Date of this Version
Membrane potential of aortic endothelial cells under resting conditions is dominated by inward-rectifier K+ channels belonging to the Kir 2 family. Regulation of endothelial Kir by membrane cholesterol was studied in bovine aortic endothelial cells by altering the sterol composition of the cell membrane. Our results show that enriching the cells with cholesterol decreases the Kir current density, whereas depleting the cells of cholesterol increases the density of the current. The dependence of the Kir current density on the level of cellular cholesterol fits a sigmoid curve with the highest sensitivity of the Kir current at normal physiological levels of cholesterol. To investigate the mechanism of Kir regulation by cholesterol, endogenous cholesterol was substituted by its optical isomer, epicholesterol. Substitution of ~50% of cholesterol by epicholesterol results in an early and significant increase in the Kir current density. Furthermore, substitution of cholesterol by epicholesterol has a stronger facilitative effect on the current than cholesterol depletion. Neither single channel properties nor membrane capacitance were significantly affected by the changes in the membrane sterol composition. These results suggest that 1) cholesterol modulates cellular K+ conductance by changing the number of the active channels and 2) that specific cholesterol-protein interactions are critical for the regulation of endothelial Kir.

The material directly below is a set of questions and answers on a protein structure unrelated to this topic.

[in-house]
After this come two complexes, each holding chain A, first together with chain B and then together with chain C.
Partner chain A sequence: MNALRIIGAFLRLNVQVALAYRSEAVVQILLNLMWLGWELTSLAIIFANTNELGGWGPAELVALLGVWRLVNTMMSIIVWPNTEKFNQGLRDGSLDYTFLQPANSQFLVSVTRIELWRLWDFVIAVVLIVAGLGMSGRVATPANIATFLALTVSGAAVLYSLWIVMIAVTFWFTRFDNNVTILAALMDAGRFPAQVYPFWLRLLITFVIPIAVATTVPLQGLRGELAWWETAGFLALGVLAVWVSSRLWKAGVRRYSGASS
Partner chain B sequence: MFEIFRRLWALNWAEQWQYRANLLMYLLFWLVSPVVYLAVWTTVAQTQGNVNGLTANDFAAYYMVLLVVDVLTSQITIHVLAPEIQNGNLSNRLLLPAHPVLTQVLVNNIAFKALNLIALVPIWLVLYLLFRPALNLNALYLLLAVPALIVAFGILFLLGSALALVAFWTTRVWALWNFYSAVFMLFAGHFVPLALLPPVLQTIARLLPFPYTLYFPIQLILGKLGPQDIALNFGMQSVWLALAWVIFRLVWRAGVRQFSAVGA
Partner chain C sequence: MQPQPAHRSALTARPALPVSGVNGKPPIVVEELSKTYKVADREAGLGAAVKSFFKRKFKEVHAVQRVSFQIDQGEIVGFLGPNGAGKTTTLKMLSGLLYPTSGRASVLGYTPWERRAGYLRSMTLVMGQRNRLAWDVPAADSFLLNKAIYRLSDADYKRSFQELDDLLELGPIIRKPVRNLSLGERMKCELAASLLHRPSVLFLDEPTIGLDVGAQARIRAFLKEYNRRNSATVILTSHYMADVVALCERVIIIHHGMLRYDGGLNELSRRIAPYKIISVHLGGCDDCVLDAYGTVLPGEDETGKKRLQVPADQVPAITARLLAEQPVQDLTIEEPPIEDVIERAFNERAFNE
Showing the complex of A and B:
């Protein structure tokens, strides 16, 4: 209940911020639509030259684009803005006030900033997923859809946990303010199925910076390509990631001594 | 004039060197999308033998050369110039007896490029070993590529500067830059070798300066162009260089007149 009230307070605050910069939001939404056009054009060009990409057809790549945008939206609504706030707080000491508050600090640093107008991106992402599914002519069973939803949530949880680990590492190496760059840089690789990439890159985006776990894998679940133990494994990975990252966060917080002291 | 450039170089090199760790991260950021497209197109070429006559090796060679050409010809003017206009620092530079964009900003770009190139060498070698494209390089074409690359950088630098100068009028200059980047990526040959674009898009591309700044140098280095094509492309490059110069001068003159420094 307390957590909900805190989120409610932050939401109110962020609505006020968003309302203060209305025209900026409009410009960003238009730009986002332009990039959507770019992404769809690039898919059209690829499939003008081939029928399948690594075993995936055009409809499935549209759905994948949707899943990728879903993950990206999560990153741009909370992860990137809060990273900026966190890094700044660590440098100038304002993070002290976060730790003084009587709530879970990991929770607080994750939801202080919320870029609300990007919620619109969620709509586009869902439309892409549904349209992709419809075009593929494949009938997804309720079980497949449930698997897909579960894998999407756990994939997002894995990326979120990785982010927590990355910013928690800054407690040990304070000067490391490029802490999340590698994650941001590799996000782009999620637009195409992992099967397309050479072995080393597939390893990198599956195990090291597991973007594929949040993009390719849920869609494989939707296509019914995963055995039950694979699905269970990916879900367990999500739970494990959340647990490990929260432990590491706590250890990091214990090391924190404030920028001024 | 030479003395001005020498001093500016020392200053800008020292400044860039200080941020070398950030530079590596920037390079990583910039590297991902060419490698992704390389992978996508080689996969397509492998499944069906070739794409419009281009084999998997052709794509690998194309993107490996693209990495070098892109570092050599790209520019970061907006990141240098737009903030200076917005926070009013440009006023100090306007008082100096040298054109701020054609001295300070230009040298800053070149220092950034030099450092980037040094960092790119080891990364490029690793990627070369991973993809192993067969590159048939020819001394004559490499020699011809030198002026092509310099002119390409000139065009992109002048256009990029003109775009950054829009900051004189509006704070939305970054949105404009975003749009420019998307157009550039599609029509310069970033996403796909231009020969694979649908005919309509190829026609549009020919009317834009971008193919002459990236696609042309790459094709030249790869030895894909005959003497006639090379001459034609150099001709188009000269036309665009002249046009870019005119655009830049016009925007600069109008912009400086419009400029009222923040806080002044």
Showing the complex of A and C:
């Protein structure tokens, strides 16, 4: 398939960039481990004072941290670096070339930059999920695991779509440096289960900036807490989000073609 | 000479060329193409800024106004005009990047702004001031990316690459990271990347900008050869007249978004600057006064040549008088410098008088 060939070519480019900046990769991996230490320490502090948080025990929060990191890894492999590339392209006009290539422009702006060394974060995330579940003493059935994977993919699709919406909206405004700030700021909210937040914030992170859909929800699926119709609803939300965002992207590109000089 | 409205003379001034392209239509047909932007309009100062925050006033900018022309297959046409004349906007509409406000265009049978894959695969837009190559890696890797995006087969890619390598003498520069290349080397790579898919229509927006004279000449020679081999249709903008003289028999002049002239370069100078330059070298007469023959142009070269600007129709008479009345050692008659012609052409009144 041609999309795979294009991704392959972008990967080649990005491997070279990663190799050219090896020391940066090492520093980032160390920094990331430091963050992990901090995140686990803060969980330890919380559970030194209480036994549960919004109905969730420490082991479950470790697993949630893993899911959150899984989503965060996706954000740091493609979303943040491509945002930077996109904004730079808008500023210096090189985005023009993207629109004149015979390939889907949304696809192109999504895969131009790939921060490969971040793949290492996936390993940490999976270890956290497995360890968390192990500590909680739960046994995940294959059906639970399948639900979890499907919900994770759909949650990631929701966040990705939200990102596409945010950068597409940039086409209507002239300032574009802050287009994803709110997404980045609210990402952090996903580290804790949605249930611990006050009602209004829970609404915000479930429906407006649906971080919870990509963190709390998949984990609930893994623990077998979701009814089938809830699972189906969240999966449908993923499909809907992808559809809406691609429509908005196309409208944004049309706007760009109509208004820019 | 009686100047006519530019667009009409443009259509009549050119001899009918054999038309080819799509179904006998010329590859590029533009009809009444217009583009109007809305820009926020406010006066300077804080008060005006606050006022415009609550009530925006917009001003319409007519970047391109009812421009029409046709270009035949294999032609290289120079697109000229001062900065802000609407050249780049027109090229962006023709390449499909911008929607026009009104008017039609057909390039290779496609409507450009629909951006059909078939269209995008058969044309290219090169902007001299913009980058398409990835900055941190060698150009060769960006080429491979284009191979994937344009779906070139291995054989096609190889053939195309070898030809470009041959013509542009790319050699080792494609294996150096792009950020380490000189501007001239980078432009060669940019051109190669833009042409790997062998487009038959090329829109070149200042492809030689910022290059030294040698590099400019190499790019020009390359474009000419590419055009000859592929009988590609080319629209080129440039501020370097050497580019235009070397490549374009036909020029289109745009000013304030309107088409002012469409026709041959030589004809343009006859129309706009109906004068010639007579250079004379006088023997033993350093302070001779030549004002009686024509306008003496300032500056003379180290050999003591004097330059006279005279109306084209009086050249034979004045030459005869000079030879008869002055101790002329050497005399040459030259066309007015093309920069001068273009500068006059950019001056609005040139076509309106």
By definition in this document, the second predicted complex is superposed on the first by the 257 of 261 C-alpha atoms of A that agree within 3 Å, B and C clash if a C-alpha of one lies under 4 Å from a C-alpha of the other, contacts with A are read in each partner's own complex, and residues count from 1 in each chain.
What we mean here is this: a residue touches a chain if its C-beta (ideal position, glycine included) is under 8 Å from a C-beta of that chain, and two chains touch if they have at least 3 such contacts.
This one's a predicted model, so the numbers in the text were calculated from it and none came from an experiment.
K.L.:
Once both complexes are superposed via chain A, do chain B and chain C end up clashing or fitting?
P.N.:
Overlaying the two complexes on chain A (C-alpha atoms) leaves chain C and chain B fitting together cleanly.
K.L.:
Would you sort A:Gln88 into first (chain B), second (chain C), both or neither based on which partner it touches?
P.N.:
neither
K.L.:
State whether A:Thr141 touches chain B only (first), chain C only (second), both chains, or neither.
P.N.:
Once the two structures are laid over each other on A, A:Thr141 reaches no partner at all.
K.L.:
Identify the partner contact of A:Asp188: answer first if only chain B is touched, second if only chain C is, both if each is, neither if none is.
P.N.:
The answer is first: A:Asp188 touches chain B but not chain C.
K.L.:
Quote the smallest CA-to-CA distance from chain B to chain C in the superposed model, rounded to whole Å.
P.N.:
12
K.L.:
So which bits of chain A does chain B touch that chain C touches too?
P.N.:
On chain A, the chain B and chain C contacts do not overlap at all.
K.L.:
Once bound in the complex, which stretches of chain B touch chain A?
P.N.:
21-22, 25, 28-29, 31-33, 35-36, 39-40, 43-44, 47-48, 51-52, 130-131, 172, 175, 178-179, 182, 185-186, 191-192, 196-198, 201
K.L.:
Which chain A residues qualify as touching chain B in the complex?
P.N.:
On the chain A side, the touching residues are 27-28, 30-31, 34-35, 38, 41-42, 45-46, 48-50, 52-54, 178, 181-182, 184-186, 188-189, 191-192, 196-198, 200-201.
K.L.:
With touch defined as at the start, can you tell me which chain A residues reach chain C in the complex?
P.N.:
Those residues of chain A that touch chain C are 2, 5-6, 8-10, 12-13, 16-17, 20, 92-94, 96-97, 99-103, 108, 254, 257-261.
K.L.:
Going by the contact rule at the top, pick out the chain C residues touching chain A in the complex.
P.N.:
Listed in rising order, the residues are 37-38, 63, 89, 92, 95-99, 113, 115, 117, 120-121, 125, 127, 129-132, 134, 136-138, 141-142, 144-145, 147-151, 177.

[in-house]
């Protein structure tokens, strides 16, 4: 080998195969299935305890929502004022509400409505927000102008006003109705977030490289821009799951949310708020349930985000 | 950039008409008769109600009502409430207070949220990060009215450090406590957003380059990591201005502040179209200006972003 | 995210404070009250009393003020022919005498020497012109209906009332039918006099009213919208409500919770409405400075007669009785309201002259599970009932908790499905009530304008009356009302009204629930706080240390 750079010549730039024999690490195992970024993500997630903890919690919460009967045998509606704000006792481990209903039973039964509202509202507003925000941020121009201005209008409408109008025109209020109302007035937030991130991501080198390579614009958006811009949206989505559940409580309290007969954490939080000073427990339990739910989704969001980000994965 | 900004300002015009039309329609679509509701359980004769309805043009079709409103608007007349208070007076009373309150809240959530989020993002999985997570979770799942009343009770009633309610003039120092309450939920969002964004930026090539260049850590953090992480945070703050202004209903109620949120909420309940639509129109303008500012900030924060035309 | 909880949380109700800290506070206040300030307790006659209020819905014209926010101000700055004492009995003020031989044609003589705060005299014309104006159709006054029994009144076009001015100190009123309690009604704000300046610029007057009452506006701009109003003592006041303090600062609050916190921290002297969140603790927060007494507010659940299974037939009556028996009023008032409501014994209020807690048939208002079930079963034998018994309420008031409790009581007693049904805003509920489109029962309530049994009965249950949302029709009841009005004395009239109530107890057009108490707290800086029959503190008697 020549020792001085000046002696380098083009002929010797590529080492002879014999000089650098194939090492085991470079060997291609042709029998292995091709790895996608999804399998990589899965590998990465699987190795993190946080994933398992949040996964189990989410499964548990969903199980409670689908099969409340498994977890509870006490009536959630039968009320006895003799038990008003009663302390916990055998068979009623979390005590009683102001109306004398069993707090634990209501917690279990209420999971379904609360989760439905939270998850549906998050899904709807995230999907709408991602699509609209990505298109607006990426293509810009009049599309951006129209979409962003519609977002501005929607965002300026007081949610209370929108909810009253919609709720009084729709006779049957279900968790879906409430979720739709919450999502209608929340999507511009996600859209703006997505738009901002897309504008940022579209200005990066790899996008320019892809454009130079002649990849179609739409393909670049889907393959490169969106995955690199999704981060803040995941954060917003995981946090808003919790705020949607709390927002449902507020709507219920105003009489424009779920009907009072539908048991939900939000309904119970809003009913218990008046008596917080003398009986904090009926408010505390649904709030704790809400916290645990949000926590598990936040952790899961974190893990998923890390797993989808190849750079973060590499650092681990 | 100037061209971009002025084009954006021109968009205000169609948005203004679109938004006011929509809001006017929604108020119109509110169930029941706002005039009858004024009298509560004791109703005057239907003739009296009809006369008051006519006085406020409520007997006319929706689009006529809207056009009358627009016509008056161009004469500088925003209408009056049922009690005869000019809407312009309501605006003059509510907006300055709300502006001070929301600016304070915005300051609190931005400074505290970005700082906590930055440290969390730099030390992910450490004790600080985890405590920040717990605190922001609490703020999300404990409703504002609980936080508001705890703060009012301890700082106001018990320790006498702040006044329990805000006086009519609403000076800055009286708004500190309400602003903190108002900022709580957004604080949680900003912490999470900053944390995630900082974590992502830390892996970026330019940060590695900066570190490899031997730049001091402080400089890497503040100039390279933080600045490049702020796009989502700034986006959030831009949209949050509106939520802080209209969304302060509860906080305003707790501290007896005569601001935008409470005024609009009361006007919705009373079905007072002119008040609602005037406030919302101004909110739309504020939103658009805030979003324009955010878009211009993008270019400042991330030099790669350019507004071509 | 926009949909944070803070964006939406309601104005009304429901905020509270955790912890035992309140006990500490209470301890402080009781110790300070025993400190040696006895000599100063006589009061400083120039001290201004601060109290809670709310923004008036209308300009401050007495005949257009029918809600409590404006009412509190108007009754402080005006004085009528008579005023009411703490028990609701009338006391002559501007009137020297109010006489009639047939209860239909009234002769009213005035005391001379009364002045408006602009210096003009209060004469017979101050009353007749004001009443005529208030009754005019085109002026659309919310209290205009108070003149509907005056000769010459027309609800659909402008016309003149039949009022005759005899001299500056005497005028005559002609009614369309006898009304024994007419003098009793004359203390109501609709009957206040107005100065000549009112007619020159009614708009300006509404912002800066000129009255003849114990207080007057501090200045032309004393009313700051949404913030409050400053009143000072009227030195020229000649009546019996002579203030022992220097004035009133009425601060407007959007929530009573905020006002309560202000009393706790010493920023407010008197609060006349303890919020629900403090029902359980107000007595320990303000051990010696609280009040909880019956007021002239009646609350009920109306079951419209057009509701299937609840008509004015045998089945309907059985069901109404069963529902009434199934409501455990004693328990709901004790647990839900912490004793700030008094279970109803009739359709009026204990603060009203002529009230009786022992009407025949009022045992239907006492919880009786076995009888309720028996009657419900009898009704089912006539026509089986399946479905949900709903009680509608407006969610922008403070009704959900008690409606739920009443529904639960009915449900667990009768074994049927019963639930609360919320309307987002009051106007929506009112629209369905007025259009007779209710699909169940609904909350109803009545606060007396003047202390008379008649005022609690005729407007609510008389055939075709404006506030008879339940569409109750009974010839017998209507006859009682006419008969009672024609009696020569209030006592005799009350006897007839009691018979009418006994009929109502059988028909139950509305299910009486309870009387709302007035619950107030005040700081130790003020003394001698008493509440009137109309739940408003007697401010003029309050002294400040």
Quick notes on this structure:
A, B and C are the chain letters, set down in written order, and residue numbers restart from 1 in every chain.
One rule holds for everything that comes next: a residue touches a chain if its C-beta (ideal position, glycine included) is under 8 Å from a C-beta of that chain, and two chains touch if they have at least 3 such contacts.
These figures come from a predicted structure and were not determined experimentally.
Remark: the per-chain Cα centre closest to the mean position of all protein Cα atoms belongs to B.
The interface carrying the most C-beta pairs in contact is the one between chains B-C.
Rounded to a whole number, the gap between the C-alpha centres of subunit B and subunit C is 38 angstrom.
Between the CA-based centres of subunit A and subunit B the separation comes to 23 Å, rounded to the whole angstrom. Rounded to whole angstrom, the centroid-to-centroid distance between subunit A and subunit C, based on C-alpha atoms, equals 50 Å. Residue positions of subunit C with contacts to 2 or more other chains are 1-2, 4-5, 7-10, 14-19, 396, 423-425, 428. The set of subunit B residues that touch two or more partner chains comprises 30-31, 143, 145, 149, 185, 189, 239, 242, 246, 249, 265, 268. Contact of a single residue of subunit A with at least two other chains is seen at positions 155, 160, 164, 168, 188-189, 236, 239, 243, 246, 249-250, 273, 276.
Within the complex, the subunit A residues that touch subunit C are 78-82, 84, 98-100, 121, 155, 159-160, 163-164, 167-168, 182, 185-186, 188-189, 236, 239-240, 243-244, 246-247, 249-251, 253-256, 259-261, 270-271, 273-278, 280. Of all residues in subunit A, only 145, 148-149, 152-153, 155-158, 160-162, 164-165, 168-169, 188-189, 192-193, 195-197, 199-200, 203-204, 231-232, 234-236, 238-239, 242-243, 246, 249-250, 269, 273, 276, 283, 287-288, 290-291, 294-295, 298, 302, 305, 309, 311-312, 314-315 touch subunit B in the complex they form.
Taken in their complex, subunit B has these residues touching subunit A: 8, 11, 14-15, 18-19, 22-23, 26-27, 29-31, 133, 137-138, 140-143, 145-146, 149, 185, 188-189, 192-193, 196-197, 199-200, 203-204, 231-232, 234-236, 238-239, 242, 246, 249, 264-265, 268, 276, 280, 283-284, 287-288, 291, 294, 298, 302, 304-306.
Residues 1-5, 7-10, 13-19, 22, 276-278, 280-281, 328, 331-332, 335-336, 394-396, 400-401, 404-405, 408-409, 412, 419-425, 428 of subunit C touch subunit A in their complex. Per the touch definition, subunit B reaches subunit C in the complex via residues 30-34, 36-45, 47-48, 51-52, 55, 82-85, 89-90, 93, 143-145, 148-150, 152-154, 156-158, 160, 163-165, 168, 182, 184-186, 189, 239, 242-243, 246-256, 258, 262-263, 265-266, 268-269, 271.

Date Posted: 24 October 2007
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